I've been using Dropbox for a couple years to share recording projects with
clients. I post raw takes or preliminary edits for the music director to
ponder on his own time. Younger folks particularly like it, as they can load
them into their player right beside another performance and compare their
work to other published recordings. And they can send the link to a mentor
or friend for some input. On a fast turnaround project last fall, the MD and
I got together only for a marathon tweak session; all the prep had been done
though downloads and email.
One client has completely switched from having me make a stack of CDs for
his chorus to having everybody use my download. This gets the music to them
quicker after the performance and saves me a lot of work. No, I don't like
having my nice sound squashed into mp3, but I think there is actually more
utilization this way (performers are not always anxious to hear their
performances right away - the CDs get shelved for long periods). 24bit VBR
files via Lame sound pretty good. The playback from the iPod/earbuds is
better than many people's CD player systems.
BUT, I've wondered if or when I'd hear from some law firm about the legality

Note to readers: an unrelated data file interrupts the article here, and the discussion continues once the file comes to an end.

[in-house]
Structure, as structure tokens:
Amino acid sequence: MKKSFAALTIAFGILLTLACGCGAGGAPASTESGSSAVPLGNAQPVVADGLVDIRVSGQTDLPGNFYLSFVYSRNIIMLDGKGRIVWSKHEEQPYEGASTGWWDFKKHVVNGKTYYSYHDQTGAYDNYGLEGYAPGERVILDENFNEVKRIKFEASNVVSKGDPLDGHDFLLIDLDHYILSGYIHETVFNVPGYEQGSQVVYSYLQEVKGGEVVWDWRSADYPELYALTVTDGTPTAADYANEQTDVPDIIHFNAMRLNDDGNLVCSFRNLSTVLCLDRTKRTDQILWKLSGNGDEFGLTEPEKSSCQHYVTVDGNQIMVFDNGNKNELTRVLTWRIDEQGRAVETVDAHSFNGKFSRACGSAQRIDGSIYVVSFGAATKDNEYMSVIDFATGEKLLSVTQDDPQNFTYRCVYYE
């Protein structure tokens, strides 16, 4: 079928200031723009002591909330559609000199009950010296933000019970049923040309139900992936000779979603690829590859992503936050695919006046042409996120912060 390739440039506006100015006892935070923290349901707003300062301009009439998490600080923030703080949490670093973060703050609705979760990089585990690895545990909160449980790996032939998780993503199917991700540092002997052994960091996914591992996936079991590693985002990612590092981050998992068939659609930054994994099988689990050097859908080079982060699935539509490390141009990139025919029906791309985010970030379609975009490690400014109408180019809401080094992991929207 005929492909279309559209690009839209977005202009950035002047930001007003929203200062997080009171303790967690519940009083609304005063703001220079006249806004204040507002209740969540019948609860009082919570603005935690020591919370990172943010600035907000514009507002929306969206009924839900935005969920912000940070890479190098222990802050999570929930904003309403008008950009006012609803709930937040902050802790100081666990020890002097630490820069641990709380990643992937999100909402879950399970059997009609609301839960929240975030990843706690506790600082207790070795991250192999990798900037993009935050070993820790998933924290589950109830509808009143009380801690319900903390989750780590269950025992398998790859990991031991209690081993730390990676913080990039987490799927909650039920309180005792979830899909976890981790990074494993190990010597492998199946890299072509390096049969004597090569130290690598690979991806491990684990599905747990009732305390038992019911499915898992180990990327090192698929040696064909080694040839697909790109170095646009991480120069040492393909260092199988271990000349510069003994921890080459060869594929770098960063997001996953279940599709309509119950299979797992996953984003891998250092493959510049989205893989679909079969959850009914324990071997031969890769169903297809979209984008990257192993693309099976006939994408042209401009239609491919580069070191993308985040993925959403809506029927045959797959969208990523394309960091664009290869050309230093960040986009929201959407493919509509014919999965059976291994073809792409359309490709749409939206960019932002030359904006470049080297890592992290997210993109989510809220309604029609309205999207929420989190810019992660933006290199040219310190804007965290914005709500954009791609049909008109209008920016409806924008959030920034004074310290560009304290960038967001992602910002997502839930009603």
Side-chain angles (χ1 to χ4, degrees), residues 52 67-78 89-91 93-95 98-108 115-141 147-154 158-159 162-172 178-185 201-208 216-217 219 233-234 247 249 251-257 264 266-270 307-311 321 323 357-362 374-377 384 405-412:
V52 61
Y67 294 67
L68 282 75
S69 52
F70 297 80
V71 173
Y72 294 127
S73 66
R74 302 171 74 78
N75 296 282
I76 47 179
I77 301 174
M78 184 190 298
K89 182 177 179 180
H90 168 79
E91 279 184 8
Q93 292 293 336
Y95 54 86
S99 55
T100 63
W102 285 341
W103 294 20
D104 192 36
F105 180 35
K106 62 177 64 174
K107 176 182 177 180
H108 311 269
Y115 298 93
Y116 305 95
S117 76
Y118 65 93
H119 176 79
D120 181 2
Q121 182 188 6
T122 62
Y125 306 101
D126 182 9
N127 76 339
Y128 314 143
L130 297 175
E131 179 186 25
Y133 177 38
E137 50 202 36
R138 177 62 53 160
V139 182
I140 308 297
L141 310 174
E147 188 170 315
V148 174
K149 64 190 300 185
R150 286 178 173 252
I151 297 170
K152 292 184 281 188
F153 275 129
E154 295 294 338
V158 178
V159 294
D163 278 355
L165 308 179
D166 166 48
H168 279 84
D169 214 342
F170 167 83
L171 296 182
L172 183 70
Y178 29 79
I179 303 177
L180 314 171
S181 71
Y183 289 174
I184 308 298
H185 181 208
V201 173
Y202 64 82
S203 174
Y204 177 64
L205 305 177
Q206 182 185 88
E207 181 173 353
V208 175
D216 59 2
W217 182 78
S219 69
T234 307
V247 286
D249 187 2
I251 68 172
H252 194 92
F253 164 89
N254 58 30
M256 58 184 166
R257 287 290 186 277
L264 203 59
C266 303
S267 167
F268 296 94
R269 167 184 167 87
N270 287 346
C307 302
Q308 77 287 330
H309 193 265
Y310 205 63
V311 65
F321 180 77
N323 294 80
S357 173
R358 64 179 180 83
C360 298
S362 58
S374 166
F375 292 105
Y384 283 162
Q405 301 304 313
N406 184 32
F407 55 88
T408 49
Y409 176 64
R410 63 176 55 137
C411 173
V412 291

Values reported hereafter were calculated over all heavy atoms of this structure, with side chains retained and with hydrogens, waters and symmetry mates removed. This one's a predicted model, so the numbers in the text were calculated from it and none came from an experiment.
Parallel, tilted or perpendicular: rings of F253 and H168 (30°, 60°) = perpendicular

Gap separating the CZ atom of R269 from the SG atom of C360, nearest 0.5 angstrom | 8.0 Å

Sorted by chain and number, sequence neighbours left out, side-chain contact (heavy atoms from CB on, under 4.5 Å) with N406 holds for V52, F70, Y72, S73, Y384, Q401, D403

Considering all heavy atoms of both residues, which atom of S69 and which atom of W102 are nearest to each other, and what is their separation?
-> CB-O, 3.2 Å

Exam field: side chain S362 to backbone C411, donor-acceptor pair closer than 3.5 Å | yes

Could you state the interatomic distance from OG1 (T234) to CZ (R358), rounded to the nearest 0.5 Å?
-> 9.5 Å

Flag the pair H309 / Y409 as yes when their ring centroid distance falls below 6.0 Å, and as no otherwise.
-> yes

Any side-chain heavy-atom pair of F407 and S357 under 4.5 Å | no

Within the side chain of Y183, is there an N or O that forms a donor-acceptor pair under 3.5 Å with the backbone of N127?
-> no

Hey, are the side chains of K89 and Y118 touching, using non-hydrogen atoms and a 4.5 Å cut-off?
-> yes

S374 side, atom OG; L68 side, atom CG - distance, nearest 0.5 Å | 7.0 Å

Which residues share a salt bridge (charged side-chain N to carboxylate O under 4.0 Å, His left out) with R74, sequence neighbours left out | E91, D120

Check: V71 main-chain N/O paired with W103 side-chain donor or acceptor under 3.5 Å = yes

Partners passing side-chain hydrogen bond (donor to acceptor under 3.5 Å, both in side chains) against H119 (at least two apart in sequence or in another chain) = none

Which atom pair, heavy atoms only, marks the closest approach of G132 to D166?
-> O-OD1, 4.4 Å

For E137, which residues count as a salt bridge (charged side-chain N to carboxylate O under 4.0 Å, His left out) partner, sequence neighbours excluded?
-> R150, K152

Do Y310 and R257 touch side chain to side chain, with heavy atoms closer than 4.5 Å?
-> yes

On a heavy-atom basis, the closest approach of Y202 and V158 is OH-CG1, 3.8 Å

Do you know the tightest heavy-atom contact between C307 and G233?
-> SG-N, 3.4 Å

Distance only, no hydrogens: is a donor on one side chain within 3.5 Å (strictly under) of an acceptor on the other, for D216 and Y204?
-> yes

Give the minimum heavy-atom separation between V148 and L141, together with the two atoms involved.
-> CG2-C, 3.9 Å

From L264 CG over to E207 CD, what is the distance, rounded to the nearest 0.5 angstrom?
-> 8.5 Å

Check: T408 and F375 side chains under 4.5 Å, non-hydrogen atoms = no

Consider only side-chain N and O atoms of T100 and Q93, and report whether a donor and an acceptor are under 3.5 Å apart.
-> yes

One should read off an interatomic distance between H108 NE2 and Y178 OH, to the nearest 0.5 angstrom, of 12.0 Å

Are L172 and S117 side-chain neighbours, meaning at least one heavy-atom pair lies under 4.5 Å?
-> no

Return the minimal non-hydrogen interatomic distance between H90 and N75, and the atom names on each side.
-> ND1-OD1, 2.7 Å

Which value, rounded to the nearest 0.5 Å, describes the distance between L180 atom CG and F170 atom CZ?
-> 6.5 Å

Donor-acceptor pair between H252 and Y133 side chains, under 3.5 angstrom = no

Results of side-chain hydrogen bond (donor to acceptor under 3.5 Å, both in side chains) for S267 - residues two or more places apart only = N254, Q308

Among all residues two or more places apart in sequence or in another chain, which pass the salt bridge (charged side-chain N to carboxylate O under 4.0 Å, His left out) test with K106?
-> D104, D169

of those sound files. They're not public, but there's nothing that indicates
they are not bootlegs. Or, one day, my 'box' might turn up empty. Brave new
PS, this is not for secure storage. At hi-rez bitrates, it can't be. I don't
go to the lengths Richard takes, but I don't depend on the cloud to save my
stuff. One good thing about sending out CDs is that it is a redundant
offsite backup of the finished product.
From: Association for Recorded Sound Discussion List
[mailto:[log in to unmask]] On Behalf Of Richard L. Hess
Sent: Monday, January 30, 2012 7:51 PM
To: [log in to unmask]
Subject: Re: [ARSCLIST] Are your archive's off-site files safe?
This is a major concern with "cloud computing".
I am using "the cloud" for some applications, but I keep backups locally.
On 2012-01-30 7:31 PM, Michael Biel wrote:
> This story shows the unexpected fallout to potentially 50 million
> innocent people because of the Megauploads case. Note that it is two
> data storage companies, Carpathia Hosting Inc. and Cogent
> Communications Group Inc., that will be the ones discarding the
> personal and company files of private users because they have not
> gotten payments from Megauploads due to frozen bank accounts.
> "Feds: Megaupload user data could be gone Thursday
> 50 million users may lose data, including family photos, says
> Megaupload lawyer
> The company says its millions of users stored their own data,
> including family photos and personal documents. They haven't been able
> to see their data since the government raids earlier this month, but
> there has been hope would be able to get it back."
> While it might not be archives which have been using questionable
> companies like Megauploads, it shows that some legit data hosting
> companies might be quick on the trigger to delete files if a payment
> goes astray.
> Mike Biel [log in to unmask]
Richard L. Hess email: [log in to unmask]
Aurora, Ontario, Canada (905) 713 6733 1-877-TAPE-FIX
Quality tape transfers -- even from hard-to-play tapes.